You may think that the tiny smattering of islands strewn near the southernmost tip of South America have little to offer in terms of hiking, but that’s where you’d be wrong. An abundance of endemic wildlife, sensational scenery and a beautifully unpolluted shore and skyline are just waiting to be discovered in this remote and wild adventure playground. The population on the Falklands is so sparse that you’re unlikely to see another soul on the trails, which is a true rarity in an age where there is precious little left to be discovered.
Watch the video for a taste of what hiking in the Falklands has to offer, and read on to see our pick of the best walking routes across the islands…
Tick off the highest point in the Falklands with a hike up Mount Usborne (706m), found on East Falkland separating the old British army landing site of San Carlos Water from the capital, Stanley, which also happens to be the only town of any consequence.
You’ll likely have to forge your own path to the top using GPS systems to find the summit, which boasts views extending across the Falkland Sound to the snow-dusted Mount Maria.
Wildlife lovers are in for a treat with a hike around Gypsy Cove, part of the Cape Pembroke peninsula on East Falkland, and also the place where Magellanic penguins breed and make their nests. Take a shuttle from Stanley (it’s about four miles away) and then head out on foot from Yorke Bay to Gypsy Cove, continuing on round the bay past Tussac and Engineer Point to Whalebone Cove, where you’ll find the rusty remains of Lady Elizabeth, wrecked here in 1936. She originally arrived in the Falklands on 13 March 1913 under a Norwegian flag, but struck the Uraine rock at the entrance to the Berkeley Sound and sustained irreparable damage. She then served as a floating warehouse until 17 February 1936, when she broke from her moorings and drifted to her current location.
A sweep of white sand, dolphins dancing offshore, and penguins huddled on the beach all make this a coastal hike you won’t forget in a hurry.
Found to the north west of West Falkland and named for the HMS Carcass which visited in the late 18th century, Carcass Island is a treasure chest of beautiful beaches, unique wildlife and rolling countryside. The whole island is a managed sheep and cattle farm and is also an important site for unusual species of bird, thanks to a distinct lack of cats and other predators.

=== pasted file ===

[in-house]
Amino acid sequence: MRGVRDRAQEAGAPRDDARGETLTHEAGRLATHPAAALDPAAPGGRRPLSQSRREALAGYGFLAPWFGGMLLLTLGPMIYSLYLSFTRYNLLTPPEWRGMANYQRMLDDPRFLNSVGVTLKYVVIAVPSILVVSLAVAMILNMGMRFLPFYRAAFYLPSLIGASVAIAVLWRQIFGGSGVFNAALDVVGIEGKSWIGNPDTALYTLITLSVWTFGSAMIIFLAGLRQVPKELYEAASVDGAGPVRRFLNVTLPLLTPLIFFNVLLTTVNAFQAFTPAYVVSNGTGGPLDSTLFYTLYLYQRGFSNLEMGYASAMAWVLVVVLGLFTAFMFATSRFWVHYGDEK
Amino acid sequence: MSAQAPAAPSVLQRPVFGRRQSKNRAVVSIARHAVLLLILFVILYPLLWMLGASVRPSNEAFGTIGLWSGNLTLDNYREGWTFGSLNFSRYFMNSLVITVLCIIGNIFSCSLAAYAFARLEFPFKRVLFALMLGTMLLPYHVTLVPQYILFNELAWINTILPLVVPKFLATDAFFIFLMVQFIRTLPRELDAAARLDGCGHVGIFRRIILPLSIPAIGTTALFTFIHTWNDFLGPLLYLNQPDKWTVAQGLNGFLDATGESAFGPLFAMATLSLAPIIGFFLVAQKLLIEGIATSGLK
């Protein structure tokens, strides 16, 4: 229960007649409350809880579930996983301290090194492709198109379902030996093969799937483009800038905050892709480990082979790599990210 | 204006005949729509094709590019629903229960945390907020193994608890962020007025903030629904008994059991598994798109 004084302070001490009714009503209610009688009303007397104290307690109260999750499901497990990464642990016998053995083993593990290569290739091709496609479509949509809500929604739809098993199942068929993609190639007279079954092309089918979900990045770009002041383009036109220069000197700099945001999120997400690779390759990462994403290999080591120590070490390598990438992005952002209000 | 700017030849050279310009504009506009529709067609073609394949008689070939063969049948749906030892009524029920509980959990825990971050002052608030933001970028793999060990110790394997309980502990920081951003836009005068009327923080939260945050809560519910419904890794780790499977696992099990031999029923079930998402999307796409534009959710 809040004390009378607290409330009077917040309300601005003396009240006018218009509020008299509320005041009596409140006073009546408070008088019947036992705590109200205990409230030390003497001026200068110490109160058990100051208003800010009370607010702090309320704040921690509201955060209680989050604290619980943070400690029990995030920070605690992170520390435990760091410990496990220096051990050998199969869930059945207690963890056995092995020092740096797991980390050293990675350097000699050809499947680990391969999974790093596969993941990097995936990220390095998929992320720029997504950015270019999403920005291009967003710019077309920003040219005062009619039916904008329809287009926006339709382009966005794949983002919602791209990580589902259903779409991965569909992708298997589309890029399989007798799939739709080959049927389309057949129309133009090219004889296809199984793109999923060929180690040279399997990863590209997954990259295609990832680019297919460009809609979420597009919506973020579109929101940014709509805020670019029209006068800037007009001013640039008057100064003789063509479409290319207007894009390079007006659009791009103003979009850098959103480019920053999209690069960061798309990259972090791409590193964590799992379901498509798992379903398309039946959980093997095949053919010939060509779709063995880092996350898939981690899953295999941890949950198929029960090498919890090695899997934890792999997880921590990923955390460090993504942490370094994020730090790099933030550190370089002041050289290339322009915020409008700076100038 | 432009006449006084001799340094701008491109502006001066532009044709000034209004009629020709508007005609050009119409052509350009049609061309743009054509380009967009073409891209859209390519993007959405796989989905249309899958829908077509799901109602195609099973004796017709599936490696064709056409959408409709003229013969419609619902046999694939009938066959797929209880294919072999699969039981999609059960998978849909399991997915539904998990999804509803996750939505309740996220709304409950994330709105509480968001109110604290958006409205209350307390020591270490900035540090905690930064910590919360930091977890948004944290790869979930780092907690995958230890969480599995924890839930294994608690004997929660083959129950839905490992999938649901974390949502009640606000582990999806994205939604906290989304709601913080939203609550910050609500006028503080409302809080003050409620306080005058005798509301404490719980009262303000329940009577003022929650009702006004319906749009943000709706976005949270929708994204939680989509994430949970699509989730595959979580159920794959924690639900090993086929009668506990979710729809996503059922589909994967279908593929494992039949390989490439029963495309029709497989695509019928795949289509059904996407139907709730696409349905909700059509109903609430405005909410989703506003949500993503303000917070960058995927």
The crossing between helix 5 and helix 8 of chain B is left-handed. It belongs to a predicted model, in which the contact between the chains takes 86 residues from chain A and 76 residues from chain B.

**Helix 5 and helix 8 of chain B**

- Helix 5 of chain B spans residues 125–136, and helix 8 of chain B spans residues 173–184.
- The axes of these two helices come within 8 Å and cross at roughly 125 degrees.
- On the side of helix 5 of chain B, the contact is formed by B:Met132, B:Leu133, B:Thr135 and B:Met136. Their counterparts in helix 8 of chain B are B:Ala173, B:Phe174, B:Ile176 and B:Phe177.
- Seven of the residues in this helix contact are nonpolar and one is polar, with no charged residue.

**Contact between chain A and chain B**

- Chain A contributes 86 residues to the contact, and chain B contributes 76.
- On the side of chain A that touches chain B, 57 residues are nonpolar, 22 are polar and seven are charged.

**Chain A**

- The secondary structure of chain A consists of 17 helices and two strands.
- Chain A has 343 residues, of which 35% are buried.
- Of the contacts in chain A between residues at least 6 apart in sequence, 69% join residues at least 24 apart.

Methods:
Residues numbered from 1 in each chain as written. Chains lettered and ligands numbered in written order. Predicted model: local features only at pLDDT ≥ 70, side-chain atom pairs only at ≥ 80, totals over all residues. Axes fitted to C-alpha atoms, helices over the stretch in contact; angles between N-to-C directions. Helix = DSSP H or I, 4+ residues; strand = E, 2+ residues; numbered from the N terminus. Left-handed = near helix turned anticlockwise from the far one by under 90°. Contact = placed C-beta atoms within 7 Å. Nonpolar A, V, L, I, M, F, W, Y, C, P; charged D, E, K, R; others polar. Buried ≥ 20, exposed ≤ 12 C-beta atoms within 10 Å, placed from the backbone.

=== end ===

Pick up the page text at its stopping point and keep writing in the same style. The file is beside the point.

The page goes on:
Head to the highest point on Mount Byung (213m) or simply explore the many tracks and trails to deserted coves, dramatic cliff points and vast open plains. You can also take the ferry over to West Island to explore further, a fantastic opportunity to spot dolphins and other marine life.
Another of the spectacular islands found surrounding West Falkland, Saunders Island is known for its penguin and albatross colonies, which can be spotted on a hike along the spine of the north part of the island from Rookery Mountain (421m) in the east, through the narrow island’s sandy ‘neck’ and back up again to Mount Harston (436m) in the west.
It’s a long and challenging hike that will reward you with spectacular views of the azure Atlantic Ocean to your right and superb views of neighbouring islands to the left. After summiting Rookery and, subsequently, Mount Richards and it’s satellites, you’ll reach the sandy isthmus known as the neck, regularly inhabited by hordes of penguins; Magellanic, gentoo and king penguins can all be sighted on this remote stretch of sand.
Keep an eye out for the rare black-browed albatross on your travels. Once you reach the neck, you can choose to continue on up Mount Harston for the final summit or turn back the way you came.
This stunning series of sculptures is accessible from Stanley and takes a full day’s hiking to explore. Designed and constructed by local artist Rob Yssel from recycled local materials, this 1:1 billion scale model of the solar system is completely unique to the Falklands.
You will begin your hike at the sun sculpture and progress out of town, with the sun sculpture in sight at all times. A pleasant day hike paired with an impressive and creative recreation of the solar system makes for an unusual and thought-provoking hike.
How to get to the Falklands
As a British overseas territory, despite being so far away it’s surprisingly easy to get to the Falklands, with flights leaving from Oxfordshire (with a brief refuelling stop in Cape Verde) twice weekly, operated by the RAF Airbridge.
You can also fly via South America, with weekly departures from Santiago de Chile. Alternatively, cruise vessels regularly visit the islands; you’ll find everything from gigantic luxury liners on a tour of South America to small expedition vessels headed for Antarctica.